Experts give activists ammunition for the pro life fight
18 September 2000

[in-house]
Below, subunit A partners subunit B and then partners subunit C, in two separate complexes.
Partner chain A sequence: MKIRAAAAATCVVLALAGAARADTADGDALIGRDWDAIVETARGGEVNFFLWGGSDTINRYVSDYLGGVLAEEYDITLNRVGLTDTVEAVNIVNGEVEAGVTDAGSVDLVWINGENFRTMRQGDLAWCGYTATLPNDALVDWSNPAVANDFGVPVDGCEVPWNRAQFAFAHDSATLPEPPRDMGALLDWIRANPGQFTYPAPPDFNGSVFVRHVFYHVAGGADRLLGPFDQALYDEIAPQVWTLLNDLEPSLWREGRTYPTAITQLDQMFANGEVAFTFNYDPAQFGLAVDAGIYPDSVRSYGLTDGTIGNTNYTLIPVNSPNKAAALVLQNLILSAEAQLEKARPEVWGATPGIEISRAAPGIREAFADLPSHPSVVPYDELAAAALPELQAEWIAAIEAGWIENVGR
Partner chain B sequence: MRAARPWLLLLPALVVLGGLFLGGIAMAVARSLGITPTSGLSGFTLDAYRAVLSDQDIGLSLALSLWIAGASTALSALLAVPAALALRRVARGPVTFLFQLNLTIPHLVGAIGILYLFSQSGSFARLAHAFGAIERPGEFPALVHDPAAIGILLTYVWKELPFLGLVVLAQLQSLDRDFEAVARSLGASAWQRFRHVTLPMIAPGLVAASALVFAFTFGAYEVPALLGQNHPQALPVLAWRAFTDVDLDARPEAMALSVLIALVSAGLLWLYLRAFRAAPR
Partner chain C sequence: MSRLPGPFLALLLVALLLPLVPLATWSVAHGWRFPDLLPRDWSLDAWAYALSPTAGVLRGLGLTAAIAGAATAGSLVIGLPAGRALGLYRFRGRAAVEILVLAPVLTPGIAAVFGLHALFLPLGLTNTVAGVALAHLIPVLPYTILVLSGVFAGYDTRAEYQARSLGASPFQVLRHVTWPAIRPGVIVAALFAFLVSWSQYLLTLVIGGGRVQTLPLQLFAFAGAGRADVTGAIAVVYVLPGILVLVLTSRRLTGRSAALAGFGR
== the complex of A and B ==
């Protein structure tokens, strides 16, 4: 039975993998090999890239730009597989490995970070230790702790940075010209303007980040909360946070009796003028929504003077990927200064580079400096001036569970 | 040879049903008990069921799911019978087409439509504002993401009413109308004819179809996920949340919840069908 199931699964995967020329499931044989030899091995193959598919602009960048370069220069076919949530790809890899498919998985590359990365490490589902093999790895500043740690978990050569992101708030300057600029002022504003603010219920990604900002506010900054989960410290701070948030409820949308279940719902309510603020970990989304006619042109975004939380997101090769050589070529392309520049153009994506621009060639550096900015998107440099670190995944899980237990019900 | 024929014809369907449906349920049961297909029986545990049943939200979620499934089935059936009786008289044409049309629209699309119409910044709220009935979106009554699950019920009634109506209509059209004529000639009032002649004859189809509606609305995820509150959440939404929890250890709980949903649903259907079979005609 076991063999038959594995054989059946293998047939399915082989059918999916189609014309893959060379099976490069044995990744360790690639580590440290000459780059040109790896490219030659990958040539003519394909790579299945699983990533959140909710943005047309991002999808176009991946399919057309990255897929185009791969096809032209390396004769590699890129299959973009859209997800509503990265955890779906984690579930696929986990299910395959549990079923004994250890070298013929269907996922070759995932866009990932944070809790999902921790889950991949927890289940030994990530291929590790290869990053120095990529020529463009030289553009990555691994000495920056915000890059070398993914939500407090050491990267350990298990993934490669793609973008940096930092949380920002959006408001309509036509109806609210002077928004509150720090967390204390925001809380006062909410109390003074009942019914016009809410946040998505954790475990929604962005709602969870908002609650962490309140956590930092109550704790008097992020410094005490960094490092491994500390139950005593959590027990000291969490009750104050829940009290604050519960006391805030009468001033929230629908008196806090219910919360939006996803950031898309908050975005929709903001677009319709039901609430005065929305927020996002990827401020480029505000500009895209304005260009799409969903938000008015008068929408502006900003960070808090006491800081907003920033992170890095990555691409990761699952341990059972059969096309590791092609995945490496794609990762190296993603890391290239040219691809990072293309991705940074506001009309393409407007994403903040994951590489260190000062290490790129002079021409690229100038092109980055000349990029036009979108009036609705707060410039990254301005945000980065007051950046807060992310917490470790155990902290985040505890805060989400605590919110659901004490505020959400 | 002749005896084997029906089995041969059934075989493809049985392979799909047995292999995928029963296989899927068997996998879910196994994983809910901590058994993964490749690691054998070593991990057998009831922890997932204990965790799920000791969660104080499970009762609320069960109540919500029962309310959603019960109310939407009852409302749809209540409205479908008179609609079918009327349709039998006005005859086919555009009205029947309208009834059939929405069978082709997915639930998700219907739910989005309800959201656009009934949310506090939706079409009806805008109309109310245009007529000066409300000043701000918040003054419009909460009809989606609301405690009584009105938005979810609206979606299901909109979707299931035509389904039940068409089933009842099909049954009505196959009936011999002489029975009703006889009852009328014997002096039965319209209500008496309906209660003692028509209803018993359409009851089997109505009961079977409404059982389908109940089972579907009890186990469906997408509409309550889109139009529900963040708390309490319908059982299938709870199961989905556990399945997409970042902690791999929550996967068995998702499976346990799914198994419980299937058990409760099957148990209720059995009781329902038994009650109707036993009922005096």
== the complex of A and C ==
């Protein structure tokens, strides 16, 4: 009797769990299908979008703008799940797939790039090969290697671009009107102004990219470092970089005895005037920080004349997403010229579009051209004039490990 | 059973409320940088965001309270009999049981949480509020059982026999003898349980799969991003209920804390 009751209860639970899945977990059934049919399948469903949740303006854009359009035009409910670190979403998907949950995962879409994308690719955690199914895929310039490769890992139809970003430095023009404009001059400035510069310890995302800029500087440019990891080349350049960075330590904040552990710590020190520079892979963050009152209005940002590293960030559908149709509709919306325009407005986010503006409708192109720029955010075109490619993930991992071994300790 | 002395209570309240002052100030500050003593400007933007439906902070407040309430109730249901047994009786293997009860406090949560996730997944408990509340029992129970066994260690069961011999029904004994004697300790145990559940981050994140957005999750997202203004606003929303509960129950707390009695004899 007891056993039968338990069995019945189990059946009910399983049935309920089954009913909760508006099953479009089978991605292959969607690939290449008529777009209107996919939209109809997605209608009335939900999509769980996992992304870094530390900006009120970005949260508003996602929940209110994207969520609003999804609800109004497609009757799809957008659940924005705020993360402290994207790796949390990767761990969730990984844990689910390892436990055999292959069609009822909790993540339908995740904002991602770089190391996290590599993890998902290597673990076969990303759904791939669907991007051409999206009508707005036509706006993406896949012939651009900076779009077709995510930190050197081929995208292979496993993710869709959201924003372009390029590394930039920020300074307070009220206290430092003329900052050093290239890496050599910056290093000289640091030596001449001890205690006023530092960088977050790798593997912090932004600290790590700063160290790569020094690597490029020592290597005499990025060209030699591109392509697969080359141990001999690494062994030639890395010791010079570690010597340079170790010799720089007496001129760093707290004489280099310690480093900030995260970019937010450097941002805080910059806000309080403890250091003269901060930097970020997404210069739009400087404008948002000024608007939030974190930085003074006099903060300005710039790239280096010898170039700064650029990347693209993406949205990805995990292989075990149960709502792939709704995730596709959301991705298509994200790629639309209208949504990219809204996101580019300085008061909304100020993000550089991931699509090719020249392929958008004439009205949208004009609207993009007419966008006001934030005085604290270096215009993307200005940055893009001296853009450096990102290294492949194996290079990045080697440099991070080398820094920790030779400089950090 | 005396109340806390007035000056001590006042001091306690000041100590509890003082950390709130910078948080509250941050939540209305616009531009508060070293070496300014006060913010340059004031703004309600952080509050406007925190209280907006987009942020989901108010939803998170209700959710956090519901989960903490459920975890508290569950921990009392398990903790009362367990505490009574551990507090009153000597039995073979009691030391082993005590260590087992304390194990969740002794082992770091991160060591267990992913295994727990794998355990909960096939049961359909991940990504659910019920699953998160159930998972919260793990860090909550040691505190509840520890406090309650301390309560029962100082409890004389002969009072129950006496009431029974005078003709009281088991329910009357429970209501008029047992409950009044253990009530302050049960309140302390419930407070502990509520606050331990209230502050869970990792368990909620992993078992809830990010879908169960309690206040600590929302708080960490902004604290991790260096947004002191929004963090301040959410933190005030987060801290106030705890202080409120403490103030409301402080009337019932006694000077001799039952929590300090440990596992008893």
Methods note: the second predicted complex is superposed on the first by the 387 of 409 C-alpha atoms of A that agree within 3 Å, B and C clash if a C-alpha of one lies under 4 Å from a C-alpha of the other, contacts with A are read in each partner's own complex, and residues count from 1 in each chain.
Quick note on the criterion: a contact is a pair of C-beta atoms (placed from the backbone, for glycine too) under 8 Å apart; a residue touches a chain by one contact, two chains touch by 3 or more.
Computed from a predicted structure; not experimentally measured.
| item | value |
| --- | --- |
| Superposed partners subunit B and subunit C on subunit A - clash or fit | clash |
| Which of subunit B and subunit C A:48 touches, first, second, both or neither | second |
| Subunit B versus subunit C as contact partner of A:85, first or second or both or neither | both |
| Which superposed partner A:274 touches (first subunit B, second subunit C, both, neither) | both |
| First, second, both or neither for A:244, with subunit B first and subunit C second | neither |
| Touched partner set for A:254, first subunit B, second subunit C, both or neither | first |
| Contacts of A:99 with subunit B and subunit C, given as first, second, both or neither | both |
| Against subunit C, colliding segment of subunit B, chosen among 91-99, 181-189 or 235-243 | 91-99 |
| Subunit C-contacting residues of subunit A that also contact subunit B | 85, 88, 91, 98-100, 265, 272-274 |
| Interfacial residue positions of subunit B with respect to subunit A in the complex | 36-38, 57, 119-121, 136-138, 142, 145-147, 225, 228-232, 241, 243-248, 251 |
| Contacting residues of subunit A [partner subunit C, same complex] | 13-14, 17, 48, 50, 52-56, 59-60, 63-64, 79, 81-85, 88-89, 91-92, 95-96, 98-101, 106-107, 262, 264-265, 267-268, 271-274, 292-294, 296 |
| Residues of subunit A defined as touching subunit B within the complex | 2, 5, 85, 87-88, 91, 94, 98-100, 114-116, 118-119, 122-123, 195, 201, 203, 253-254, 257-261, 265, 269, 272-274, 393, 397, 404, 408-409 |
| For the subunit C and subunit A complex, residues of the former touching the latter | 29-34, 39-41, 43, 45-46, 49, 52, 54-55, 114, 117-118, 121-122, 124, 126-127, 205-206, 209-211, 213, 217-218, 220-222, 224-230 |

Experts give activists ammunition for the pro-life fight Westminster, 18 September, 2000--Leading experts on bioethical issues briefed pro-life activists from all parts of the United Kingdom at the Society for the Protection of Unborn Children's national conference last weekend (15 to 17 September). Topics ranged from abortion to embryo research, euthanasia and human cloning. Dr Anthony Fisher, OP, president of SPUC, argued that the human embryo should be recognised as a member of the human family, and that using embryos in experiments or destroying the unborn by abortion undermine the mutual care and solidarity that hold society together. Human cloning represents one of the fastest growing threats to the dignity of human life. Dr Anthony Cole, a consultant paediatrician and chairman of the Medical Ethics Alliance, pointed to the huge advances in treatment for Down's syndrome children in the past 50 years. By contrast, babies in the womb are being killed by abortion if they are disabled. Dr Cole works to continue to improve the lot of Down's children, and he described the proposals of the Medical Ethics Alliance to help mothers who do not want abortion to avoid tests leading to it. Mr Peter Garrett of LIFE alerted delegates to the imminent threat of new regulations which would permit the creation of cloned embryos. This would pave the way for the production of cloned babies, initially for medical reasons but eventually for economic motives. He cited respected philosophers who envisage clone farms on one hand and, on the other, the killing of cloned babies soon after birth to take their organs for transplantation. Delegates learned about the expanding work of British Victims of Abortion in post-abortion counselling from Mrs Margaret Cuthill, the group's organiser. Mrs Cuthill has herself had two abortions. She spoke of the traumatic effects of abortion, including those by RU486, the supposedly easy chemical method, on mothers and other family members. Conference delegates learned how SPUC works to bring together pro-life supporters from around the world at United Nations meetings. This is vital to counteract efforts by radical feminists, supported by the EU, the US and other western countries, to force poorer countries to adopt pro-abortion policies. The threat of the morning-after pill, which can cause an early abortion, and which the government wants to make more widely available, including to underage girls in schools, was one of the key campaign issues of the conference. Delegates were urged to follow up SPUC's campaign among pharmacists by writing to MPs pointing out the dangers and drawbacks of this medication. Parliament is likely to vote on whether the drug should be more easily available in the coming months.